Films

From playful modern Bollywood films to Italian cinematic classics, we’ve put together a list of the best foreign films to watch now, in honor of the 2016 Oscars just around the corner. Bonus: Aside from this year’s nominees, many of the films on our list are available on Netflix instant-play, so you can start your international cinema binge watching as fast as you can hit play! 

Let’s start with the 2016 Oscar Nominees for Best Foreign Language Film. 

A War (2015)

This Danish film directed by Tobias Lindholm recounts the story of a military company stationed in Afghanistan that is captured by the Taliban and their commander accused of war crimes. The movie focusses on Claus, while he is away at war, and his wife, Maria, back home in Denmark caring for their three children and holding everyday life together.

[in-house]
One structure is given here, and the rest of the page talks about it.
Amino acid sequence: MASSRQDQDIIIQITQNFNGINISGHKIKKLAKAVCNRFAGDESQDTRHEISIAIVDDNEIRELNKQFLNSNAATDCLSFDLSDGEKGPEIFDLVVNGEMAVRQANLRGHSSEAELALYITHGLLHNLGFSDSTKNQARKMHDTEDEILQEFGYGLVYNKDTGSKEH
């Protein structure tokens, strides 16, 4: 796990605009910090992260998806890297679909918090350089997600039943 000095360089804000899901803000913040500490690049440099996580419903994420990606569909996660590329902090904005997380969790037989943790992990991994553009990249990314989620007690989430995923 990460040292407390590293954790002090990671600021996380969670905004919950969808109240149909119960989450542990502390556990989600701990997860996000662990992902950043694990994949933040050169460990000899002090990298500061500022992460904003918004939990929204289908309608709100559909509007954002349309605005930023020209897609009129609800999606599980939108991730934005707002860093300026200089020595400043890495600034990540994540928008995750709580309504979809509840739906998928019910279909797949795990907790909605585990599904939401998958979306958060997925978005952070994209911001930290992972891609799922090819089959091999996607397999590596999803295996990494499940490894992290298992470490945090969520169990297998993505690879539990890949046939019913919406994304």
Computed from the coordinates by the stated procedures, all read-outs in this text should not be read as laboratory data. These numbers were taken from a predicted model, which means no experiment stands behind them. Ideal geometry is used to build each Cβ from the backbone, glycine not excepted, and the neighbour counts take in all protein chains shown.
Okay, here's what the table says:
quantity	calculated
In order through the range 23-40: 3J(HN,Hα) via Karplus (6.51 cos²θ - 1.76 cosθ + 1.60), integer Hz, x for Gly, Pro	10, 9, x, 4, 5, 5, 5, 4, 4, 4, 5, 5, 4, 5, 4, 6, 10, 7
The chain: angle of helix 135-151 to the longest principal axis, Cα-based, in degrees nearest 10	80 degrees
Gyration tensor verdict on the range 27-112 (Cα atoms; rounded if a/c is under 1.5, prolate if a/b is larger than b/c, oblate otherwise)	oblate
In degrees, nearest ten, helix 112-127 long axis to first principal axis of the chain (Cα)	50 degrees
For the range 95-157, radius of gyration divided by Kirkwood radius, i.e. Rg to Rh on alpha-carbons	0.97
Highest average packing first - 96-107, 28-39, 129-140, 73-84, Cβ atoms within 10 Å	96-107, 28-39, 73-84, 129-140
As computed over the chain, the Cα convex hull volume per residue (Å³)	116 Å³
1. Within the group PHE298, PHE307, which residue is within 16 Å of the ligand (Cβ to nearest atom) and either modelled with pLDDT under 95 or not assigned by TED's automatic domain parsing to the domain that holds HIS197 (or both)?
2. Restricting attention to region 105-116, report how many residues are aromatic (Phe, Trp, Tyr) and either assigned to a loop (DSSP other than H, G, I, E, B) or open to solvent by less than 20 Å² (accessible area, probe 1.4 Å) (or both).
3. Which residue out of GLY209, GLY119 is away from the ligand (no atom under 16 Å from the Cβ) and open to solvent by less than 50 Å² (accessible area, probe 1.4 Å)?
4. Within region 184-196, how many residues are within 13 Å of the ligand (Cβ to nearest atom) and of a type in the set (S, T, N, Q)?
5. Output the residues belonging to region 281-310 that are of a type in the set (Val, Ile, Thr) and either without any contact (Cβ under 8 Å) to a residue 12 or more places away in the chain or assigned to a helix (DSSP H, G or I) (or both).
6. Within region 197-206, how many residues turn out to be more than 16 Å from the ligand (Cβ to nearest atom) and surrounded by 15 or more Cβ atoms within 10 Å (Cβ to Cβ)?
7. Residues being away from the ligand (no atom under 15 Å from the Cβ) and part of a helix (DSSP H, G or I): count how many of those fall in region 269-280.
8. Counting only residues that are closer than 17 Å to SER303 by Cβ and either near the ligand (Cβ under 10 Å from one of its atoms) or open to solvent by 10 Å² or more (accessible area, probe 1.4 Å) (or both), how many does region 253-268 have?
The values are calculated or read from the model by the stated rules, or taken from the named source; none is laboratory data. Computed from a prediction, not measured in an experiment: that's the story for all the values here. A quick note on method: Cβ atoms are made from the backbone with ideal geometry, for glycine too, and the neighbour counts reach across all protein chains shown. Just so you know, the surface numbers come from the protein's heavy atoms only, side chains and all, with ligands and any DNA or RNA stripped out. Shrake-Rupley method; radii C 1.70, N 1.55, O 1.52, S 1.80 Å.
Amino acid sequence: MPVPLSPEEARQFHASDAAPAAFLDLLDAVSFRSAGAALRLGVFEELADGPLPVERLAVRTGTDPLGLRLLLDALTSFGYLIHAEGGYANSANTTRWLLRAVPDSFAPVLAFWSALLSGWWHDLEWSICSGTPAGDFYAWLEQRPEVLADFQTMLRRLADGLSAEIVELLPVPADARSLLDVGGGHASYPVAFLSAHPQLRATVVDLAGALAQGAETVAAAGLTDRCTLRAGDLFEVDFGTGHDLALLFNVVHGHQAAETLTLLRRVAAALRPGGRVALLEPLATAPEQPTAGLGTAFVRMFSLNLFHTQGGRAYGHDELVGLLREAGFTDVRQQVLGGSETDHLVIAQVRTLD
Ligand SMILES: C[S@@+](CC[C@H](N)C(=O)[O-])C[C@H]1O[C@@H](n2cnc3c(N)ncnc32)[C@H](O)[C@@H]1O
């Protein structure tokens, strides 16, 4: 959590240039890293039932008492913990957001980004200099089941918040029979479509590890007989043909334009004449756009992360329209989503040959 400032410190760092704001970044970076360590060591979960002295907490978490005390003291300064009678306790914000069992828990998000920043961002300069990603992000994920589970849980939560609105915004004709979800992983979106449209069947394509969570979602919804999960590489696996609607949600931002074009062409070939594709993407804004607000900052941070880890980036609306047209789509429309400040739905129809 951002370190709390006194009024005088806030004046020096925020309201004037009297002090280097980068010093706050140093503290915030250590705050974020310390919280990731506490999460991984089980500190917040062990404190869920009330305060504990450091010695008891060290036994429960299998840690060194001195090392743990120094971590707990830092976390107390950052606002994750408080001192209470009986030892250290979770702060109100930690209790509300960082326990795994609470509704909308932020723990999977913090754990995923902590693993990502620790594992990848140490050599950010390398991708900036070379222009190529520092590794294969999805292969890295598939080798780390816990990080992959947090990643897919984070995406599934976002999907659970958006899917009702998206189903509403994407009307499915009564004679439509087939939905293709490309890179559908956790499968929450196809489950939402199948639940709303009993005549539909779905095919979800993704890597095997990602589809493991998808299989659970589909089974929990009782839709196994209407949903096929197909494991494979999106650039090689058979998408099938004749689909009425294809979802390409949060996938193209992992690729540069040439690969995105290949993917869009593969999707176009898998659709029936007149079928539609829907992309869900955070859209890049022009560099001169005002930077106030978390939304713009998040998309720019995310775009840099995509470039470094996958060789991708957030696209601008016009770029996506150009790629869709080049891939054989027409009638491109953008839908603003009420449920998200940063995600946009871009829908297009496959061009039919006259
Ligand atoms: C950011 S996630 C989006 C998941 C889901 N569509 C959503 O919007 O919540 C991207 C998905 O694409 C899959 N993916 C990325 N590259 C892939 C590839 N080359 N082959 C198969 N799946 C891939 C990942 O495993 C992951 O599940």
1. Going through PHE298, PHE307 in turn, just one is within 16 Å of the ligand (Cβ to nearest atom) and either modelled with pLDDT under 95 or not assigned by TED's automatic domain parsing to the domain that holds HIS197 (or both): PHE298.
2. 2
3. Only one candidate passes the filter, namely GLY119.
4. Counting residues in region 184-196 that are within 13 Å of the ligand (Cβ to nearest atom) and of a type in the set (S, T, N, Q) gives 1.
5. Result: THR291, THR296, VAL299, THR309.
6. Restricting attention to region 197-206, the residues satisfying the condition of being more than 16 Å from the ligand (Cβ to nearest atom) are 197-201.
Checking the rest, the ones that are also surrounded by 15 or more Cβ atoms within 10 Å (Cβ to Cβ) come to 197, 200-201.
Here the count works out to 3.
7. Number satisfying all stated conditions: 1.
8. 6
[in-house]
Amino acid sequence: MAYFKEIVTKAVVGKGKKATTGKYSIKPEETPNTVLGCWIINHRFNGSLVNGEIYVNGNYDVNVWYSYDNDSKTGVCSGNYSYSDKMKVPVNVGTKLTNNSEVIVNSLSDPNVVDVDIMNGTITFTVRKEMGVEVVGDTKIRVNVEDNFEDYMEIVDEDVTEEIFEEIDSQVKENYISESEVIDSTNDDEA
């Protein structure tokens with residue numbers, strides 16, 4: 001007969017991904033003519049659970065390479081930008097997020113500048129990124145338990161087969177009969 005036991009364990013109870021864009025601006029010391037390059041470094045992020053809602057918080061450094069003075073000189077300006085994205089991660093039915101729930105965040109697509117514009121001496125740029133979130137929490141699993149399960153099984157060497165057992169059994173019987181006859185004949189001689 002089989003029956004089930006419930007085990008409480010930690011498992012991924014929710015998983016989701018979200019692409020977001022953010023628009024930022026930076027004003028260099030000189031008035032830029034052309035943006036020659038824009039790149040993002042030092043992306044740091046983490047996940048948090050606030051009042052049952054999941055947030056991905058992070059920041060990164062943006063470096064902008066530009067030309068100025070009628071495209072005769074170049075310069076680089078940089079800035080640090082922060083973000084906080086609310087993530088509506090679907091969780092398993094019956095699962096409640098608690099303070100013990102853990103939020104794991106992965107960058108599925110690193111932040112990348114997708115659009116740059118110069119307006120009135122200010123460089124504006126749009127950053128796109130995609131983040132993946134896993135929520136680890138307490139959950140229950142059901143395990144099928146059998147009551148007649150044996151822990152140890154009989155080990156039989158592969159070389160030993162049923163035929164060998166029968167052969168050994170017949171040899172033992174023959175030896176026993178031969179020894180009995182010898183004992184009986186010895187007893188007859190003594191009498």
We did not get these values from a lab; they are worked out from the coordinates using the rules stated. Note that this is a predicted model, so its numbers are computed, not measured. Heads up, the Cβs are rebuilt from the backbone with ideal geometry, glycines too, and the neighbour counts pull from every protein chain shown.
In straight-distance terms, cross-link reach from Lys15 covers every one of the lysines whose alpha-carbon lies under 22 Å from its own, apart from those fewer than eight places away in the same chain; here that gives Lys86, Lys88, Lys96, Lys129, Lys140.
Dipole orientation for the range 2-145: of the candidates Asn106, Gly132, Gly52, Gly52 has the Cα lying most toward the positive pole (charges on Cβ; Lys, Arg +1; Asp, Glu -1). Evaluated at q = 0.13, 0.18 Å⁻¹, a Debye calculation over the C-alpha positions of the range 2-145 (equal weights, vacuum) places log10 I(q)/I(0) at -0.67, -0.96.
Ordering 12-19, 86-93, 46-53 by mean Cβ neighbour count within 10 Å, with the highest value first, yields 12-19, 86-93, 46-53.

Embrace the Serpent (2015)

Colombian writer-director Ciro Guerra spent two years on and off living in the Amazon to research his latest adventure drama starring Karamakate, an Amazonian shaman, and the last survivor of his people. Karamakate works with two scientists, Theodor Koch-Grunberg from Germany, and an American, Richard Evans Schultes, over the course of 40 years, searching the Amazon for a sacred healing plant.  

Mustang (2015)

Set in a the village of Inebolu, in Turkey’s Kastamonu province, the French film chronicles the story of five orphaned sisters and their lives in a restrictive and conservative society. But one day, when the sisters’ innocent play with the opposite sex sets off a local scandal, their already restrictive lifestyle becomes even more controlled. 

Son of Saul (2015)